Moving Fast in the Enterprise

Success in today’s marketplace requires us to move faster, to get closer to customers, and to increase the probability that what we build is fundamentally what they want.  Moving Fast in the Enterprise must be done with a concise set of tools and principles, but also a new way of thinking that can help us do that better.

These principles can be applied throughout the enterprise, regardless of organizations implementing a new version of a product, taking a product into a new market, or building something fundamentally new like the world has never seen.  End results include process change to simplify internal productivity, interacting with customers better enabling quicker sales cycles, reducing the cost of sales, resulting in more value added customer solutions.

These are all changes with a high degree of uncertainty, where calculating ROI can be difficult.  By treating process changes as controlled experiments to test validity can ultimately drive an organization wide roll-out.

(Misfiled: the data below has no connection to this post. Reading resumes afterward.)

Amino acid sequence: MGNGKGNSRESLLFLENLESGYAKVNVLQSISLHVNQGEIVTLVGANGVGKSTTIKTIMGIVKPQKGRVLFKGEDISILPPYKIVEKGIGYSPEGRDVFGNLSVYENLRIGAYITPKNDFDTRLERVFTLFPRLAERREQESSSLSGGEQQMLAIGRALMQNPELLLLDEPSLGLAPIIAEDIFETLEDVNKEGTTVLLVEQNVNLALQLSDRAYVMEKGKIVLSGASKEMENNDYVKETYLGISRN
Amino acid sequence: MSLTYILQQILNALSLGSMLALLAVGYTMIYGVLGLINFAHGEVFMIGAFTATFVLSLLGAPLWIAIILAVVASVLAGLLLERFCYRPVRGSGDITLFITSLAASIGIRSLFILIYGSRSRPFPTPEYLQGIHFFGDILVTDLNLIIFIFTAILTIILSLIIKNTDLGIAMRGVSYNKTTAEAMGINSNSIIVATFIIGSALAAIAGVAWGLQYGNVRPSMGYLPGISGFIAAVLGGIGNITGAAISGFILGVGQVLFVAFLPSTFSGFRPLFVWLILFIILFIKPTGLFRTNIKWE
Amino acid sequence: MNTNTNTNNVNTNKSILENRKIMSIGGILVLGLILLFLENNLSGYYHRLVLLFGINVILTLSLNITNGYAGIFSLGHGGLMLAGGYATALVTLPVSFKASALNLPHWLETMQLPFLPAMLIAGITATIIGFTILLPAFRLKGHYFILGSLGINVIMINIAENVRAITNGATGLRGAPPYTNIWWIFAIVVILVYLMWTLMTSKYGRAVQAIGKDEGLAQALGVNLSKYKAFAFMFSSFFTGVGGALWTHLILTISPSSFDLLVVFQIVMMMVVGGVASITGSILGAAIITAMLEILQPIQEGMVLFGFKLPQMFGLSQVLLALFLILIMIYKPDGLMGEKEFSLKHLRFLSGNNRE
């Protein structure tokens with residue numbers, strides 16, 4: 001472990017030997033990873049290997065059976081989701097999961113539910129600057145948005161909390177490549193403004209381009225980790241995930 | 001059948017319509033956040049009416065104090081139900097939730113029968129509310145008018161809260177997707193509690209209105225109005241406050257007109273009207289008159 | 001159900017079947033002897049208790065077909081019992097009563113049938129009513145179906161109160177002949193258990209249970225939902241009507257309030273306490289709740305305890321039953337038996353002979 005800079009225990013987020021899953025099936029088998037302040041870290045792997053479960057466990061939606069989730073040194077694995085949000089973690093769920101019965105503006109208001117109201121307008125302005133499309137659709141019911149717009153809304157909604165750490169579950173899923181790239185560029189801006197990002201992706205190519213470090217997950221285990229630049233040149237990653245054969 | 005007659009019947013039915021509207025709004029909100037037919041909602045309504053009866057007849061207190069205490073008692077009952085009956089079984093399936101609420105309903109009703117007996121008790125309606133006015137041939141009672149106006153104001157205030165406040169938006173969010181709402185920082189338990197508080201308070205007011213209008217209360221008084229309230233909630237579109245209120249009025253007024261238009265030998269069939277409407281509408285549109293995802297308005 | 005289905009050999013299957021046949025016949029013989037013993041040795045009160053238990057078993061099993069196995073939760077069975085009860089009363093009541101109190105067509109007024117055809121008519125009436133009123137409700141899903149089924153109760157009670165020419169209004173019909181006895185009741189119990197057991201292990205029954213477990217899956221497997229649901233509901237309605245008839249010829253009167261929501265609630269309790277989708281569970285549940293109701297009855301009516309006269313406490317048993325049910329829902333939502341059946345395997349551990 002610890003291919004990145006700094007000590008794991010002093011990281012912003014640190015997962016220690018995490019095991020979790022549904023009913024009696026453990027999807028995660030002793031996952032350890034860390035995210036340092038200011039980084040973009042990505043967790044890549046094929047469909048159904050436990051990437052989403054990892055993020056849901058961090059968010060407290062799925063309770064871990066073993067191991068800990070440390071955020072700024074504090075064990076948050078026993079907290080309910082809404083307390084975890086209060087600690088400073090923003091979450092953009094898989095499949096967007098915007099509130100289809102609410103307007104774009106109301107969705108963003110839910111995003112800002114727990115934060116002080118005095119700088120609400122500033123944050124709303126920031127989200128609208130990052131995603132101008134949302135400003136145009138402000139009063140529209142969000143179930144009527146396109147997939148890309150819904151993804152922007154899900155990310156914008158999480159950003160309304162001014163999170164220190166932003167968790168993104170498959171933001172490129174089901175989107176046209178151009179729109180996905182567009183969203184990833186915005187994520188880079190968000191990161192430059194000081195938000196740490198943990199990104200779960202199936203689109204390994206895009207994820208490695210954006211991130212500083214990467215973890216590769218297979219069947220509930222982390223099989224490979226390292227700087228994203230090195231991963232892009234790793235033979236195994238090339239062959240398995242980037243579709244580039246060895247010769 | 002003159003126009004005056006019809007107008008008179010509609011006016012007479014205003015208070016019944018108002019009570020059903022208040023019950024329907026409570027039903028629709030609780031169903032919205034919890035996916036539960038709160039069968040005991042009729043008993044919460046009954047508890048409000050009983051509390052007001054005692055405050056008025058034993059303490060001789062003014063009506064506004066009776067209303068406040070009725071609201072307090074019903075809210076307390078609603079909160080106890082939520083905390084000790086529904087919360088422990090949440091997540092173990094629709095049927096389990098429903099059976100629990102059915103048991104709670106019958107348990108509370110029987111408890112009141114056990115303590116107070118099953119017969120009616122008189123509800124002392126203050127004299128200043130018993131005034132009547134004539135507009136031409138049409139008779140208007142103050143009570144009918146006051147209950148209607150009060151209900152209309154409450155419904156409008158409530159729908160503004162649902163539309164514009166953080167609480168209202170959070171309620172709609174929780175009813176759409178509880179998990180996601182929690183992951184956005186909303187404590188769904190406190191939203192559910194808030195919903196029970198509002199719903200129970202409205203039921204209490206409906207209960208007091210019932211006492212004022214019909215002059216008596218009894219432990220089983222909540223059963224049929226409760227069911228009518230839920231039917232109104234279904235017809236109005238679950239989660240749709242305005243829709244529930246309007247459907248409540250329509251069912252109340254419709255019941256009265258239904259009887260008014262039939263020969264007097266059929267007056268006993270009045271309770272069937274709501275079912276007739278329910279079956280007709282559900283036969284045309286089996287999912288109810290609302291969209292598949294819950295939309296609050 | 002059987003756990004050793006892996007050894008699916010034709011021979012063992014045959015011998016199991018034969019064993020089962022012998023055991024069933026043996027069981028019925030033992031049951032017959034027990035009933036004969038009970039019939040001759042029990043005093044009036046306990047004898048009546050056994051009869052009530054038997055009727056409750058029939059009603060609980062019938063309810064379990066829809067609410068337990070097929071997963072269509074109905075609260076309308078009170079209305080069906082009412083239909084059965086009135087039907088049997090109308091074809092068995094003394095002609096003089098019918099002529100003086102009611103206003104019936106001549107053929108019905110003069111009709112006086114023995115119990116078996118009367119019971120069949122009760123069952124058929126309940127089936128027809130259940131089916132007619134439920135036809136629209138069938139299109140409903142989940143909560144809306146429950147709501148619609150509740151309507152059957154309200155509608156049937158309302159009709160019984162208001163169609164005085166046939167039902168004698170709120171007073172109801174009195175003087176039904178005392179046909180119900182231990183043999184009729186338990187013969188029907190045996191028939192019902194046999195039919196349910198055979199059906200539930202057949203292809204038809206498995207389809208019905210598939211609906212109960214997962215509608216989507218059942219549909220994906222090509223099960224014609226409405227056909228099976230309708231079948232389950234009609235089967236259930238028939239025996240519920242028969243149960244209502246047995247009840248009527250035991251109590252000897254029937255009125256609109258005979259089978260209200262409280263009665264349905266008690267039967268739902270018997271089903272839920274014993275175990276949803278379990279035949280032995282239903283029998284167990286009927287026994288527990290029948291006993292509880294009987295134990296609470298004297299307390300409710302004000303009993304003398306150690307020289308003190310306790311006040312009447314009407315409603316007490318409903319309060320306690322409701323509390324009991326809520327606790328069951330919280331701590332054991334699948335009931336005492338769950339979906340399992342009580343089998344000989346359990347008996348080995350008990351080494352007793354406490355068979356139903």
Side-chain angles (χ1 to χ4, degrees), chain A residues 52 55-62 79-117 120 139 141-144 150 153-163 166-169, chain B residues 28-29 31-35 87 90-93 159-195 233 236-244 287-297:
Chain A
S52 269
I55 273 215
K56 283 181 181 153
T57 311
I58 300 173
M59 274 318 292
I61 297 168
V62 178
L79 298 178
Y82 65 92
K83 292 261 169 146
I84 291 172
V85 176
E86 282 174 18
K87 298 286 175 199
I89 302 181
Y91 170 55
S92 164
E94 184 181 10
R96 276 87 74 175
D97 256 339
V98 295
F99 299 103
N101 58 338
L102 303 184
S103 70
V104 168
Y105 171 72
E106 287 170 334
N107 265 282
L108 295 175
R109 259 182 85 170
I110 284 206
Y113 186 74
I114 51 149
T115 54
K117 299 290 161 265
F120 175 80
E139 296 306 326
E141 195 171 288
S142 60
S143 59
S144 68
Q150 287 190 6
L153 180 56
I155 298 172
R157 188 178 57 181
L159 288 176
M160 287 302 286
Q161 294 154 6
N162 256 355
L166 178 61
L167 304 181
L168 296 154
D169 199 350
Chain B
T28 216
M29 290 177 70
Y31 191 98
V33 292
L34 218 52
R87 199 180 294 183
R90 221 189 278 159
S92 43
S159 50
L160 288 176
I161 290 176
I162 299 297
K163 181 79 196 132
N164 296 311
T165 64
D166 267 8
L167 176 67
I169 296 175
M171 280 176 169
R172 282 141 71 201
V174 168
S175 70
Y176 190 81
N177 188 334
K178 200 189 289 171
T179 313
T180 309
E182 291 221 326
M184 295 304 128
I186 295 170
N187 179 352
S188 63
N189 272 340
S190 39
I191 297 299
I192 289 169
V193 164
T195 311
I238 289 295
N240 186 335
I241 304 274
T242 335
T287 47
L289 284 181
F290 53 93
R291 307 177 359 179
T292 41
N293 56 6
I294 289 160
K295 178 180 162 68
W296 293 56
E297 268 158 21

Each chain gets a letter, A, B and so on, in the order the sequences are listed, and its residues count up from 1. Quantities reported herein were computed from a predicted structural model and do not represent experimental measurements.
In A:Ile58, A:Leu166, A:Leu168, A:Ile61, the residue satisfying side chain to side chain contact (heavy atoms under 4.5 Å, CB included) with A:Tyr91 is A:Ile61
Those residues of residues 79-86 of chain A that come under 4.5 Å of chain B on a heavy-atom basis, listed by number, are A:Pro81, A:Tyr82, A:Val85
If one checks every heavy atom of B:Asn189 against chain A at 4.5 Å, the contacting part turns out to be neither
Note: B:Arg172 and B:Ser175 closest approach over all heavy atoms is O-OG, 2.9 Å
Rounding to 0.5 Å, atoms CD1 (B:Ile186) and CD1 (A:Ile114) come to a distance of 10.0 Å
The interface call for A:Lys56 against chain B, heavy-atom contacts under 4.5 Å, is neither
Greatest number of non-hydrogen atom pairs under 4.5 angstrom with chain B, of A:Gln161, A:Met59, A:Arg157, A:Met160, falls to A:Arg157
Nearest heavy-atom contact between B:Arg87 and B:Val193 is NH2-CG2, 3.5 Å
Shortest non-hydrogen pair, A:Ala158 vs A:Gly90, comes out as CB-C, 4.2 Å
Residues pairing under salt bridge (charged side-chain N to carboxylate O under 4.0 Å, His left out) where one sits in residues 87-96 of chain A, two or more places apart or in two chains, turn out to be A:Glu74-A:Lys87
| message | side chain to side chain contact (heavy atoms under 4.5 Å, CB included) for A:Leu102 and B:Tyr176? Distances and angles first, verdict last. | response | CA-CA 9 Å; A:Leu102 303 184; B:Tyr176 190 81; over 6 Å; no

Do traditional enterprise processes take the idea of growth based on customer need seriously?  Is the customer completely engaged throughout the build process?  How often do we get the voice of the customer right the first time?  What if market conditions change through the life of the project which may change the scope of the project?  Getting customers engaged early and continually through the project serves to constantly test to ensure the current version of the product fundamentally is going to drive growth and delight customers.  This develops a process of continued learning where a measurable business outcome is achieved.

Organizations must focus on ‘Build, Measure, Learn’ cycle times – How much time has elapsed before we’ve validated the idea as correct or incorrect?

Every team memb

er can be entrepreneurial about their job.  Do you have ideas about how you can serve customers better?  How can you get the ideas tested?  We should be empowered to propose experiments.  Every project must have accountability and defined metrics.  While driving process change, are you learning something important?  How are you learning about what customers want?


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